DA Torrez says investing in youth now could prevent crime in the future
ALBUQUERQUE, N.M. — Bernalillo County District Attorney Raúl Torrez says now is the time to invest in a safer future.
"And you watch, if we drop the murder rate in a couple of years, the focus will move away from us, but it won’t go towards these kids and that’s where it needs it go," Torrez said. "This is the core of New Mexico’s long-term problems – not just public safety – it’s a whole generation of traumatized children."
For example, according to the CDC, adverse childhood experiences (ACEs) can have a tremendous impact on future violence victimization and perpetration. Those traumatic events increase risk for future problems and have lifelong health impacts.
"These are the ACEs scores for the kids in juvenile detention in Bernalillo County – 75% of the boys and 87% of the girls report an exposure to five or more ACEs," Torrez said.
Rep. Day Hochman-Vigil said New Mexico has a massive surplus of around $1.4 billion. As a lawmaker, she has some ideas on how to make some of that money work for at-risk youth.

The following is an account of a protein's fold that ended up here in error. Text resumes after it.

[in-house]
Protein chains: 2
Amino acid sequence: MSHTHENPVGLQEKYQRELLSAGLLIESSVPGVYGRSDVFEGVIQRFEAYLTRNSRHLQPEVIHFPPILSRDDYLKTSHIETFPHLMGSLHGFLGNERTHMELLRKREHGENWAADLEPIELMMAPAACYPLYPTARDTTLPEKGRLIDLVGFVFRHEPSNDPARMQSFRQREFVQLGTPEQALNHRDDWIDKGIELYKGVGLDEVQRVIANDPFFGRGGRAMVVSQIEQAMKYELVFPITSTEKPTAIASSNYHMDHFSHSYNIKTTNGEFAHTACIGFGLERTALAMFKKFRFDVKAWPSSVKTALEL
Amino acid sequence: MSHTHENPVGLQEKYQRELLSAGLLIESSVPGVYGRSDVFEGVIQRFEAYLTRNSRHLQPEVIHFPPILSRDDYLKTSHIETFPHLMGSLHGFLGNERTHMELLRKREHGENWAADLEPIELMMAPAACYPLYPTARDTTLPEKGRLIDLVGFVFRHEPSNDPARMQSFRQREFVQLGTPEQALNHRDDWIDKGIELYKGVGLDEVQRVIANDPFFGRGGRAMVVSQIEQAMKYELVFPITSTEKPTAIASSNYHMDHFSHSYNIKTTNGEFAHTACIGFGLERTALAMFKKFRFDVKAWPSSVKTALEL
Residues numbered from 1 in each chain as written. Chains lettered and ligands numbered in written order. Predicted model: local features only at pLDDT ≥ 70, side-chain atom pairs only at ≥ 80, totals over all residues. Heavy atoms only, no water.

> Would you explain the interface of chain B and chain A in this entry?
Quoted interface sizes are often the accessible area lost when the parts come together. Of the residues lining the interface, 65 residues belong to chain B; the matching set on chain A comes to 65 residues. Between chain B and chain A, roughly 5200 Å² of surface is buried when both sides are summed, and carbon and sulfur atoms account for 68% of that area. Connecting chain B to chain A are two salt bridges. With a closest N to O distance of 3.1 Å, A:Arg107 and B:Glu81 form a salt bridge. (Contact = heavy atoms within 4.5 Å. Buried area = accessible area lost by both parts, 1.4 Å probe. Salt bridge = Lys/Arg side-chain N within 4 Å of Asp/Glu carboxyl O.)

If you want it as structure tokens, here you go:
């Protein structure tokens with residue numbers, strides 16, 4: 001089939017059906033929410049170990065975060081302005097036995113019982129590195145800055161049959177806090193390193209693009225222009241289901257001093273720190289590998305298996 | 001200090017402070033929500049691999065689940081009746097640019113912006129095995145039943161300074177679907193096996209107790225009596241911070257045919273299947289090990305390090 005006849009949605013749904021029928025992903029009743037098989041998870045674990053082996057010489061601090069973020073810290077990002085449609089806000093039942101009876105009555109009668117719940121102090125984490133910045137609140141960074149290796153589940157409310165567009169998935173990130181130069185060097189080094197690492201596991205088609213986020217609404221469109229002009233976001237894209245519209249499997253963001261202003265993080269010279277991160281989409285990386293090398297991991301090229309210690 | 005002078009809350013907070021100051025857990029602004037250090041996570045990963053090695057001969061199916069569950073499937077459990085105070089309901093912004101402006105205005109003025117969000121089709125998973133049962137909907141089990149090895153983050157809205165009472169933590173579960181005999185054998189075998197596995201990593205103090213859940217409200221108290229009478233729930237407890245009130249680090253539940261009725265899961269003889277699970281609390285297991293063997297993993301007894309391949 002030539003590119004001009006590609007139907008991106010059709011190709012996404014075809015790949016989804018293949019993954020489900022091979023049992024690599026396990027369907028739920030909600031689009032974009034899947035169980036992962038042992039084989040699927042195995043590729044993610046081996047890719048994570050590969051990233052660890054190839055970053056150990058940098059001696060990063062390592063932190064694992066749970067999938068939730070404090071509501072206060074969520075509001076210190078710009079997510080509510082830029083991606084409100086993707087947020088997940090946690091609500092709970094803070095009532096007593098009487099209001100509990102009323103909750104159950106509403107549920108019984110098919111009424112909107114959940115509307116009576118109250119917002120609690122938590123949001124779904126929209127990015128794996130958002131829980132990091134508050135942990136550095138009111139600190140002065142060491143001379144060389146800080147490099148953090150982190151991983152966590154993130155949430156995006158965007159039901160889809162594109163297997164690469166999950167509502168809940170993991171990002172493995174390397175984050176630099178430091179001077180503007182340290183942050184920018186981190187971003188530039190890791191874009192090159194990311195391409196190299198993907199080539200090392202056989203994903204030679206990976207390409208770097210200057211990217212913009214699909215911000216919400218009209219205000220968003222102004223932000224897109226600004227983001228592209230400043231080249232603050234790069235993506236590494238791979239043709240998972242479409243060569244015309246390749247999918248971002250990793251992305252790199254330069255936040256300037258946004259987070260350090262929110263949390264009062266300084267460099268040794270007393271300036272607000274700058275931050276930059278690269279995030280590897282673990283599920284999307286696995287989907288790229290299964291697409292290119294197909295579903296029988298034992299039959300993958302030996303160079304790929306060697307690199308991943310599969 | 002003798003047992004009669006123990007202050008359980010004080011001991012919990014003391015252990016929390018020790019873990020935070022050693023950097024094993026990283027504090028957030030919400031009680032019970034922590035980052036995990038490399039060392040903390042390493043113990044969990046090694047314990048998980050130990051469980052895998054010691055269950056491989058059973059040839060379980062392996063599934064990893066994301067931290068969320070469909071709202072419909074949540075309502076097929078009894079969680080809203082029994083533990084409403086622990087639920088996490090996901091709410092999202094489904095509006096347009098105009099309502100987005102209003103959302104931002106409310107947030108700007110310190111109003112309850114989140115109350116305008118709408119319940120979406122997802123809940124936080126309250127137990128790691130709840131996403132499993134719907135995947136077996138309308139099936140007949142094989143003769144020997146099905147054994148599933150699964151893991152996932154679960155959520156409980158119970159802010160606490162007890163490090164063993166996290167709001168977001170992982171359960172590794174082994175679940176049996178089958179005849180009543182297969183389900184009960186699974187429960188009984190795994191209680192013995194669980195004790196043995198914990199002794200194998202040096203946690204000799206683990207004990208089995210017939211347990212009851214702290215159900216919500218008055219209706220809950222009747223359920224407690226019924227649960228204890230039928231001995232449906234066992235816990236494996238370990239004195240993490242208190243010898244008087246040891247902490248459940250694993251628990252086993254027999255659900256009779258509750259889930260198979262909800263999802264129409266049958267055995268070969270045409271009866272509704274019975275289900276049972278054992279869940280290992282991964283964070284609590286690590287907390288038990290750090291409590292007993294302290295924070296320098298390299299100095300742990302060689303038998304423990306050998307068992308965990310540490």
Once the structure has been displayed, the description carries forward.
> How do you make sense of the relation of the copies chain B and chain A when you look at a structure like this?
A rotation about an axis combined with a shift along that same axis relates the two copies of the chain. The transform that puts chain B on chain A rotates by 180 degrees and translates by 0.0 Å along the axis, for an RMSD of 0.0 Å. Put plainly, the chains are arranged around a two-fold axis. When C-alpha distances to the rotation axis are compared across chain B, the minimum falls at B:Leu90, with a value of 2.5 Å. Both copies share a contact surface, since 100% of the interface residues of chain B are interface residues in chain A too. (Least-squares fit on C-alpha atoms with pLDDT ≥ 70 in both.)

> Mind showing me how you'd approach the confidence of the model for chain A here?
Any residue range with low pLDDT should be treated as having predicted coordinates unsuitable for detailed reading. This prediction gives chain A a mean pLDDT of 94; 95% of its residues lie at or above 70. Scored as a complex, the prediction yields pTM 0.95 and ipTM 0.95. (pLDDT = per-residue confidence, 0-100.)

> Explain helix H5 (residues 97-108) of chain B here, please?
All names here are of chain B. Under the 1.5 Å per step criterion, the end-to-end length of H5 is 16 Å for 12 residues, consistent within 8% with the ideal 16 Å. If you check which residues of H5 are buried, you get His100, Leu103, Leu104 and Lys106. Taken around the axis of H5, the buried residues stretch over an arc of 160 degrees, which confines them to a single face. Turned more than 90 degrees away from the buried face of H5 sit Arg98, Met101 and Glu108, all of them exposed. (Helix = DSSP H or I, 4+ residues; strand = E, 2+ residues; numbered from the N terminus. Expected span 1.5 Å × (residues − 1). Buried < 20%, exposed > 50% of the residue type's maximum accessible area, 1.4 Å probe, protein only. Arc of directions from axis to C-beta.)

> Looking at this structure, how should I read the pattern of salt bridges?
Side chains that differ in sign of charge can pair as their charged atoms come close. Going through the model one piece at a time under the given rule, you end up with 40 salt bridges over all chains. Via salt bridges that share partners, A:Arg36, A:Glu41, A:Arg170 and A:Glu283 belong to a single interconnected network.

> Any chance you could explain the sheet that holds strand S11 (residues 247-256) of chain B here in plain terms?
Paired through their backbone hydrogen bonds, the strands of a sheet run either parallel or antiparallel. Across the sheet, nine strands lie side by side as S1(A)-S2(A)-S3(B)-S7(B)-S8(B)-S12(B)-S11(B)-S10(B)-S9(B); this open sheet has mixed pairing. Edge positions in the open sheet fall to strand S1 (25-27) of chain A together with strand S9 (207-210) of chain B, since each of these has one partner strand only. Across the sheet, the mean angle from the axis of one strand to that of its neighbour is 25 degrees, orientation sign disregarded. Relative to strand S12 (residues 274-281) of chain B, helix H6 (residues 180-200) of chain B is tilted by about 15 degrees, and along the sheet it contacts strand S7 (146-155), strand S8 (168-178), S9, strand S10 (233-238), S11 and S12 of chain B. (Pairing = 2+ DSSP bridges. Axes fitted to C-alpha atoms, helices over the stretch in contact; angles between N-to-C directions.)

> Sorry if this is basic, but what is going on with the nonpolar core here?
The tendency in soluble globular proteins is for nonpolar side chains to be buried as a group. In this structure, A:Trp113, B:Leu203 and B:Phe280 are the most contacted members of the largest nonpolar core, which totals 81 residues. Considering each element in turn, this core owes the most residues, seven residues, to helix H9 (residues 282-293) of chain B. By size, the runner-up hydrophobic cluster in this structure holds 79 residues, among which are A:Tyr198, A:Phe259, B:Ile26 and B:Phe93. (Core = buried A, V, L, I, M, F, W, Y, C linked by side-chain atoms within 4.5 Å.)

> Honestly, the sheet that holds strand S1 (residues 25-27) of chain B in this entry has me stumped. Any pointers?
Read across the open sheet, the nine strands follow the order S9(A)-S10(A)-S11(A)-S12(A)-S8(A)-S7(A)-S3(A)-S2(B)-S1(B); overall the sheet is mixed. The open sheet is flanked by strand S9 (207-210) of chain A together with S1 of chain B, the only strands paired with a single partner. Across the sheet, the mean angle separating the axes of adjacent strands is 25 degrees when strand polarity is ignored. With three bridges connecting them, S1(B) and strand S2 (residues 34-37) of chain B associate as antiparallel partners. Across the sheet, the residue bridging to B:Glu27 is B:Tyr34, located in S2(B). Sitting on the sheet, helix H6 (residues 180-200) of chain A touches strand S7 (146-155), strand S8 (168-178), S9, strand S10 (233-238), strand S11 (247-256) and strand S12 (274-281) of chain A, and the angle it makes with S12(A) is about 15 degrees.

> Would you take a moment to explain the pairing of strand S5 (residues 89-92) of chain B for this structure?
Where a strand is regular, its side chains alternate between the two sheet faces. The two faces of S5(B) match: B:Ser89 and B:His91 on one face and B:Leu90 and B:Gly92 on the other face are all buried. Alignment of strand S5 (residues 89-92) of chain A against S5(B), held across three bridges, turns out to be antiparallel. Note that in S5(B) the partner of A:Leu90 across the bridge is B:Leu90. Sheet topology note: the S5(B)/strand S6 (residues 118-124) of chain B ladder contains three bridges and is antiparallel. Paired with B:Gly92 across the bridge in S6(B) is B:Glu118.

"Since 2013, or maybe even before, the state of New Mexico has not had a detoxification center for youth throughout the entire state," Hochman-Vigil said. "So what ends up happening is we send these kids off to get detoxed with adults. They are not being adequately provided with resources and services designed for youth intervention."
Torrez presented a chart showing New Mexico offers almost 25x fewer prevention services for youth than the national average. This is a problem some lawmakers would like to address in January.
"I feel like it is one of those pivotal opportunities that if we are able to pull this off this session, it will make a huge difference throughout the state," Hochman-Vigil said.
The district attorney said addressing concerns with traumatized youth is not only a public safety issue, but investing in troubled youth could help with workforce problems and economic growth in the long run.